Mine Owned a Liquor Store
Okay so actually I had both. My maternal Grandmother was the typical Norman Rockwell painting Grandma. I think she had white hair since birth or at least it seemed that way. She quilted, baked awesome delectable delights all while sharing stories of the of the dust-bowl and coming to Colorado in basically a covered wagon. This post however is not about her.
If you checked out my “Quit Yer Prayin'” post you know the story of my grandma as a little girl. Growing up with my great grandpa running liquor during prohibition eventually opening a liquor store in North Dakota. So it’s no real surprise that for the better half of her life she either owned or ran liquor stores in Colorado.
First of all, tomorrow is her 94th birthday, so it is this that puts fingers to keys this night to speak about her.
My first memories of the store grandma ran goes back to early childhood. Growing up in the 70’s was such a different time….and such an awesome time too. My memories are endless with barefoot summer days and playing until you heard mom’s whistle from blocks away. Such a free time. But grandma’s liquor store goes back even earlier.
In the mid 70’s, located about 40 miles Northeast of Denver sat “the Home of 500 Happy People and a Couple of Soreheads” No shit, that’s actually what the welcome sign said leading you into the town when I was 5 years old in 1976.
At the end of the main road sat a blonde brick building. You had to cross over the railroad tracks to get to it. (So I’m guessing when the train came and you were in need of a drink you were hurtin’.)
This was basically a house that had been converted to a liquor store and the basement was an apartment. This is where my grandma lived and my older siblings and I would spend the occasional weekends and summers.
I’ve heard the stories that I’m too young to remember, where I’d be sat in a whiskey box like you would place your toddler in a laundry basket. For all the patrons to gawk and coo at. I do remember Duke, grandma’s German Shepherd, that watched over us and intimidated the hell out of anyone up to no good. To me he was a teddy bear and completely loving.
As I got older I’d sit propped up at the counter and draw flower pictures with crayons on the brown sacks that grandma would send bottles home with her customers. The shelves were full of bottles shaped like Turkeys and other various things. (Oh to have those bottles now)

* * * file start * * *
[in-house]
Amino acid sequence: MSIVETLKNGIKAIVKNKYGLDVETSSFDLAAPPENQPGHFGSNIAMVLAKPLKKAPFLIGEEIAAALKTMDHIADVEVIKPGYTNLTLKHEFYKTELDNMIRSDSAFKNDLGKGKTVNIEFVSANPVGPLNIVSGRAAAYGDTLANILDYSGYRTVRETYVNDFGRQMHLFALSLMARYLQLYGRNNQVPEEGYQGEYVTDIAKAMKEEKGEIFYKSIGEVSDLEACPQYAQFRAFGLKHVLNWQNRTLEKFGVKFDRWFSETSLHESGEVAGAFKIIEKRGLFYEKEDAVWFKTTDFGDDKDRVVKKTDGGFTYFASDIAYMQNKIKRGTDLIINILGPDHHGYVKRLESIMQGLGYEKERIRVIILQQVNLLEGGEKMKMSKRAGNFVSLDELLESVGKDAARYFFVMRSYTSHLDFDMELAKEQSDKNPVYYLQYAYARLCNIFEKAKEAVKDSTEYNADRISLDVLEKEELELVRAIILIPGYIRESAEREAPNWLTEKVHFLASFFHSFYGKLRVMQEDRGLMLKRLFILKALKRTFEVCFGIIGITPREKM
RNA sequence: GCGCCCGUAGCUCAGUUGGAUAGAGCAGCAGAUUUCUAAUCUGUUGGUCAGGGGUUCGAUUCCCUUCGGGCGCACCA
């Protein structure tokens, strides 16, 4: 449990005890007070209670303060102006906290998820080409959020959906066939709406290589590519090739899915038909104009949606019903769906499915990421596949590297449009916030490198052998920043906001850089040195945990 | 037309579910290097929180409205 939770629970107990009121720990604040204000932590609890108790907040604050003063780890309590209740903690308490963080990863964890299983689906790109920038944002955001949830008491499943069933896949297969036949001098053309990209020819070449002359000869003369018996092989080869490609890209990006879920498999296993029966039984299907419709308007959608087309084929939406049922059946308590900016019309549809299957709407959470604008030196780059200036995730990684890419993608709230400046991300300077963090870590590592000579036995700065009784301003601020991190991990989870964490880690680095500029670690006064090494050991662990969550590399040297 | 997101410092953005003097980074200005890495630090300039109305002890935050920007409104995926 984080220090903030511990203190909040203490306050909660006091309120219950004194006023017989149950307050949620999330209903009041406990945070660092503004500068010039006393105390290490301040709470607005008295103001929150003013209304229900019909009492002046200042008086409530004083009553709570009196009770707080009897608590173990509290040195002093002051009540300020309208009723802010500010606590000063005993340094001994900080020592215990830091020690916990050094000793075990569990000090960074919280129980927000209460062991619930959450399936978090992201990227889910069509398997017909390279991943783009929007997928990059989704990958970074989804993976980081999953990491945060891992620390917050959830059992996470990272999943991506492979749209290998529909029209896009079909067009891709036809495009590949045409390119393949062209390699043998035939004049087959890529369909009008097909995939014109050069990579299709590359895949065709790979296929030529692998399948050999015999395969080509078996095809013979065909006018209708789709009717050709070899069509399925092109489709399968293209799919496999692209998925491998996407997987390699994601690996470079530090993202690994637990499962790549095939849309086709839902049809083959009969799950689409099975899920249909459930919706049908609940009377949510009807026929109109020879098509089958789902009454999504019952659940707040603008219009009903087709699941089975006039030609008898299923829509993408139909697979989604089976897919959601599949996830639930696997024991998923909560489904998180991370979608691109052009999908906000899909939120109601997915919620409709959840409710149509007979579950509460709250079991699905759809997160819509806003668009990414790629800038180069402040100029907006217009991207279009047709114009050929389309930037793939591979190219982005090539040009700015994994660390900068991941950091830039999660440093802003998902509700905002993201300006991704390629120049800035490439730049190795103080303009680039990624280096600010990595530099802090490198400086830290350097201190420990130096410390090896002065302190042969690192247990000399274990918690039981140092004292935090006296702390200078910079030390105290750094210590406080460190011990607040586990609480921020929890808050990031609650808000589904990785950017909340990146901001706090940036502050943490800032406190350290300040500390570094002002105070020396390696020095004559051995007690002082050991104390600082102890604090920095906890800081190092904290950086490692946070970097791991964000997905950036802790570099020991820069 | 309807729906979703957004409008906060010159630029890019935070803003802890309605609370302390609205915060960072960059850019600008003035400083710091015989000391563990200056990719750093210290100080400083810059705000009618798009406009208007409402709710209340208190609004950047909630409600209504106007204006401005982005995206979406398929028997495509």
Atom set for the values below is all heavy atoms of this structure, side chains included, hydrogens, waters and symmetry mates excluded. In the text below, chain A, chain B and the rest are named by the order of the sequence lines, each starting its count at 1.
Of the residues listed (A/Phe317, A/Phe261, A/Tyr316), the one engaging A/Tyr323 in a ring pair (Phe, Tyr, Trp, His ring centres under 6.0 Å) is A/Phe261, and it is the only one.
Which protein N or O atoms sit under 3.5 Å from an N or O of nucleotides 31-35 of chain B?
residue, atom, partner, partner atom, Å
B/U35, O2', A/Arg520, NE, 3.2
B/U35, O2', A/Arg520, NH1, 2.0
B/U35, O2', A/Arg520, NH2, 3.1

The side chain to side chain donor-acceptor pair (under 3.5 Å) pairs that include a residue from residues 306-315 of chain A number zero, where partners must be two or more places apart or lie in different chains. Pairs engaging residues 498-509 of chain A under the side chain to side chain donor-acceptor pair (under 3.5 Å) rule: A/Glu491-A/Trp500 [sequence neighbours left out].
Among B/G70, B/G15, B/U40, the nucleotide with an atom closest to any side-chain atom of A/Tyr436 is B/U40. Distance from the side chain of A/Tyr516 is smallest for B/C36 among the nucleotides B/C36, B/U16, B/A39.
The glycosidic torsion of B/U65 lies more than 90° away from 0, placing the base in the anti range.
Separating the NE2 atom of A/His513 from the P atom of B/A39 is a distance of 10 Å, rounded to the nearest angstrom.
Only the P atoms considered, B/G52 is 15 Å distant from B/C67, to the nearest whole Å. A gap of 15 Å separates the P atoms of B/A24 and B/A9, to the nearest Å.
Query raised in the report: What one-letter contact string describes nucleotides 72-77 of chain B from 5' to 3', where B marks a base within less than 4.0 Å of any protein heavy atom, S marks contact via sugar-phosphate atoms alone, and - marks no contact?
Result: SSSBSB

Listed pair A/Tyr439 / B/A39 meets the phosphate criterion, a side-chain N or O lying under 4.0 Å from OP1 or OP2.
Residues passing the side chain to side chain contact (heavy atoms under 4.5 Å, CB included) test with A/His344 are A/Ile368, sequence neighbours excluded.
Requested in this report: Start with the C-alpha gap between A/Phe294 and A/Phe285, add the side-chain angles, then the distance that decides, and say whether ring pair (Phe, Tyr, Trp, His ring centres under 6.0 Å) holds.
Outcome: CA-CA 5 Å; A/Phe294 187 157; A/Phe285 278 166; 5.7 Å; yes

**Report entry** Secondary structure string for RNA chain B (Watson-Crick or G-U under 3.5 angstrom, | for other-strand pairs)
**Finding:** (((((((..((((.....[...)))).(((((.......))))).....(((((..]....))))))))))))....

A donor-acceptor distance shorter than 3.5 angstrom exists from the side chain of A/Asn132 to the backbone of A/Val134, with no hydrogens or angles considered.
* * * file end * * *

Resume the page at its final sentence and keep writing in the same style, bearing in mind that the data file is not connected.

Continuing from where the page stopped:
A bizarre memory I have that not many my age know about is the introduction of the push button top beer cans. They didn’t last long because you were liable to lose a finger pushing the steel or aluminum top. The reason I remember them….I got in a lot of trouble and probably an ass whopping if the truth be known for pushing the buttons in on the beer on display.
Not sure why grandma sold that liquor store. Could have been her divorce I’ve never really asked. I know that the store still stands with a large edition. I wonder if the owners live in the basement like she did.
As the 80’s began she worked and ran at various other stores closer to Denver. I of course didn’t get the free range of the stores when we’d visit since she wasn’t the owner. We still got some privileges though. I would be sent home with brown fifth bags stuffed with Bubble gum, Tootsie Rolls and Dum-Dums while my adolescent older brother would be handed posters of the latest scantly clad women holding bottles and brews.
One night in the early 90’s at one of her more sketchier stores she was robbed. Being a very stubborn and ballsy women, she of course chased the bad guy. While running after him she fell and tore something in her knee that required surgery. Given her age, the recovery was rough and it was just time to hang it up and retire.
Needless to say I learned a lot about the industry. Maybe not to the extent you would think just being a kid but, I knew early on the names of Jim and Jack and that for a banquet you need Coors. Even today, my brother’s garage is filled with dozens of posters and neon signs almost commemorating the 80’s alcohol industry thanks to our Grandma.
They say things happen in threes…just as I was a 3rd Generation Sailor, Grandma was a 3rd Generation Liquor Store owner. When she finally leaves this world I know I’ll remember her as a tough broad who didn’t take shit from anyone. She dropped F bombs, could dance her ass off and she loved her men…oh yes…like Elizabeth Taylor grandma loved many many men in her lifetime. There are a lot of similarities that I have with her: my mouth, ballsy attitude, and rhythm among other things. HOWEVER, I can also honestly say that I know how to quilt too.